Updated July 14, 2019 - 7:11 am
Two years ago, Henderson resident Garry Gates survived the Oct. 1 mass shooting at the Route 91 Harvest festival that claimed the lives of 58 other concertgoers in Las Vegas.
The poker industry veteran has since strived to savor each moment, and he has relished the ride of his life en route to reaching the final table of nine players at the World Series of Poker Main Event.
“The biggest impact (the shooting) had on me is forcing me, in a good way, to appreciate every single moment. I learned in that experience that tomorrow’s not promised,” said Gates, 37. “When I’m here sitting at this table and playing hands, I try to intentionally take some time out to make eye contact with my friends and family and soak things in.
“Just live in the moment. That’s the biggest lesson I’ve learned.”
A self-described recreational poker player who began his career as a reporter at the WSOP — where he once posed for a wishful picture at the Main Event final table — Gates is in second place and will continue his quest for the $10 million first prize when play resumes at 6:30 p.m. Sunday at the Rio Convention Center. The Titusville, Pennsylvania, native already is guaranteed to be a millionaire.
“Any poker player who loves the game dreams of making the World Series of Poker final table,” Gates said at 2:30 a.m. Saturday, shortly after the starting field of 8,569 was whittled to nine. “Deep down, I wanted it and I absolutely hoped for it. It’s crazy to be here now.”
Gates had a lively group of family and friends cheering him on from the rail, including his girlfriend, Marissa Rodney, who held a sign saying “Will You Garry Me?”
The popular senior manager of player relations and events for PokerStars, an online poker room, Gates also seemingly has the support of the entire poker world.
“I look at the messages on my phone, and I can’t even keep up. It’s overwhelming,” an emotional Gates said. “But I feel so loved and lucky to be here and to be a part of all this.
“I got some text messages (Friday) morning from guys like Erik Seidel, John Juanda and Jason Koon and people I’ve worked with in the industry forever. It’s really, really special. I hope to make everybody proud.”
In what Gates said was his most important hand of the tournament, he went all-in Thursday with ace-king against a pair of pocket kings and caught an ace on the river to double his chip stack. Afterward, accomplished poker pro Mike McDonald posted on Twitter that Gates deserves to win the game’s most prestigious event:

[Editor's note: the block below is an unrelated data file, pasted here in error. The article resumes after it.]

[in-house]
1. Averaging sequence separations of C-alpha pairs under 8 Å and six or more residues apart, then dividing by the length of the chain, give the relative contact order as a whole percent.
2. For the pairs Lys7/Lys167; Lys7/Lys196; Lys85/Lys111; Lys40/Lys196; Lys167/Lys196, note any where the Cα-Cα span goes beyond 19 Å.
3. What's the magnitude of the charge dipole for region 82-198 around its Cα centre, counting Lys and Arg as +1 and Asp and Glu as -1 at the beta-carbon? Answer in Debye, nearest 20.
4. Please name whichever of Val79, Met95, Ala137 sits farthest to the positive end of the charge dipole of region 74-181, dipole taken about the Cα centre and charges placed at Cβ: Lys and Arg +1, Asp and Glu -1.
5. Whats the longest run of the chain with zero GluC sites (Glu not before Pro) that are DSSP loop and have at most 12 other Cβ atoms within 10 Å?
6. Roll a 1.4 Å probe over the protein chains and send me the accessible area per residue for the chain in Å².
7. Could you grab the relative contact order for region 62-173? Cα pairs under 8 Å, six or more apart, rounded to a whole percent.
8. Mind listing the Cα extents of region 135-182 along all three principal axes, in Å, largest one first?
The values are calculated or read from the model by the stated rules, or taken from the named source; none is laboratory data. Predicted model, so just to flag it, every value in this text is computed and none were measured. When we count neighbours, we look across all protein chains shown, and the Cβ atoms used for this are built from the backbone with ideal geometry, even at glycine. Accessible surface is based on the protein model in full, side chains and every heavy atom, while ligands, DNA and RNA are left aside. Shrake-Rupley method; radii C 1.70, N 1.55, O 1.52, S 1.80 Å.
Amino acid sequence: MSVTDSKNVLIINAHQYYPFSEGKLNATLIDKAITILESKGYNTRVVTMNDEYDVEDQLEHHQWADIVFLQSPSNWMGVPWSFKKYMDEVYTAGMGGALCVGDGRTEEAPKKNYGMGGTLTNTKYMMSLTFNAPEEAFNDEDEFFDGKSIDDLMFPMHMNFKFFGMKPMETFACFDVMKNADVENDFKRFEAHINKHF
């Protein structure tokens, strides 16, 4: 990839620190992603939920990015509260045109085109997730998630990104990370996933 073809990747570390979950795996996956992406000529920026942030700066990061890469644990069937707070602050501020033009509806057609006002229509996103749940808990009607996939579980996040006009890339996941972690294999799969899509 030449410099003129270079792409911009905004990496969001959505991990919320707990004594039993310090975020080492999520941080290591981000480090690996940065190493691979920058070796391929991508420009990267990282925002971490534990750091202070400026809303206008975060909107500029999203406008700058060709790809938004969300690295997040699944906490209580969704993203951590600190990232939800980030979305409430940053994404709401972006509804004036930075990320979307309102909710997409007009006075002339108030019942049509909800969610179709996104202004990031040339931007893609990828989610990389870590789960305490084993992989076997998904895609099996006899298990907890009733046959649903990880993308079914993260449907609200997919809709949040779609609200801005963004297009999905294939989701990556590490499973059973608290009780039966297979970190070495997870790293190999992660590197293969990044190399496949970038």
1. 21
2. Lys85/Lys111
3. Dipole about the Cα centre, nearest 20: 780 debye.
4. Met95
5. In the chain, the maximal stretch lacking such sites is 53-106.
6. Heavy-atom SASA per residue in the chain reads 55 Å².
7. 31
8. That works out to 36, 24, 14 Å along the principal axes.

“I’m not a big believer in karma but my god after so many years of putting up with every single high roller diva in poker @GarryGates deserved that ace on the river and 10 million dollars of poker player money that are going to follow!”
Gates, who wore an orange sweatshirt with “Vibes” on it, flipped the script Friday as he doubled up against chip leader Hossein Ensan of Germany when his pocket kings held up against Ensan’s ace-king.
On his Twitter profile, Gates describes himself as simply a “summertime poker player,” but he has $243,129 in total live earnings. This is his fourth cash in seven Main Events. He placed 173rd in 2011 for $47,107 and also cashed in 2015 and 2017.
“This tournament suits my playing style. A guy like me can make five or six mistakes and it doesn’t cost him the tournament. You can rebound, be patient and pick your spots well,” he said. “I’m not a mathematician. I studied English and writing in college, so there’s spots that come up where I’m not necessarily sure if I’m making the correct play by the book. But I lean on my intuition a lot and my experience playing.”
Regardless of where he finishes, Gates, who has a 6-year-old daughter, Scarlett, said he plans to return to his job at PokerStars after the Main Event.
“I’m not intending to quit my day job anytime soon,” he said.
WSOP Main Event final table
Hossein Ensan, Germany: 177 million (chips)
Garry Gates, U.S.: 99.3 million
Zhen Cai, U.S.: 60.6 million
Kevin Maahs, U.S.: 43 million
Alex Livingston, Canada: 37.8 million
Dario Sammartino, Italy: 33.4 million
Milos Skrbic, Serbia: 23.4 million
Timothy Su, U.S.: 20.2 million
Nick Marchington, England: 20.1 million
First place: $10 million
Second place: $6 million
Third place: $4 million
Fourth place: $3 million
Fifth place: $2.2 million
Sixth place: $1.85 million
Seventh place: $1.525 million
Eighth place: $1.25 million
Ninth place: $1 million
WSOP Main Event schedule
Sunday: 6:30 p.m. (7 p.m., ESPN2, playing from nine players to six)
Monday: 6:30 p.m. (7 p.m., ESPN, playing from six players to three)
Tuesday: 5:30 p.m. (6 p.m., ESPN, playing from three players to a winner)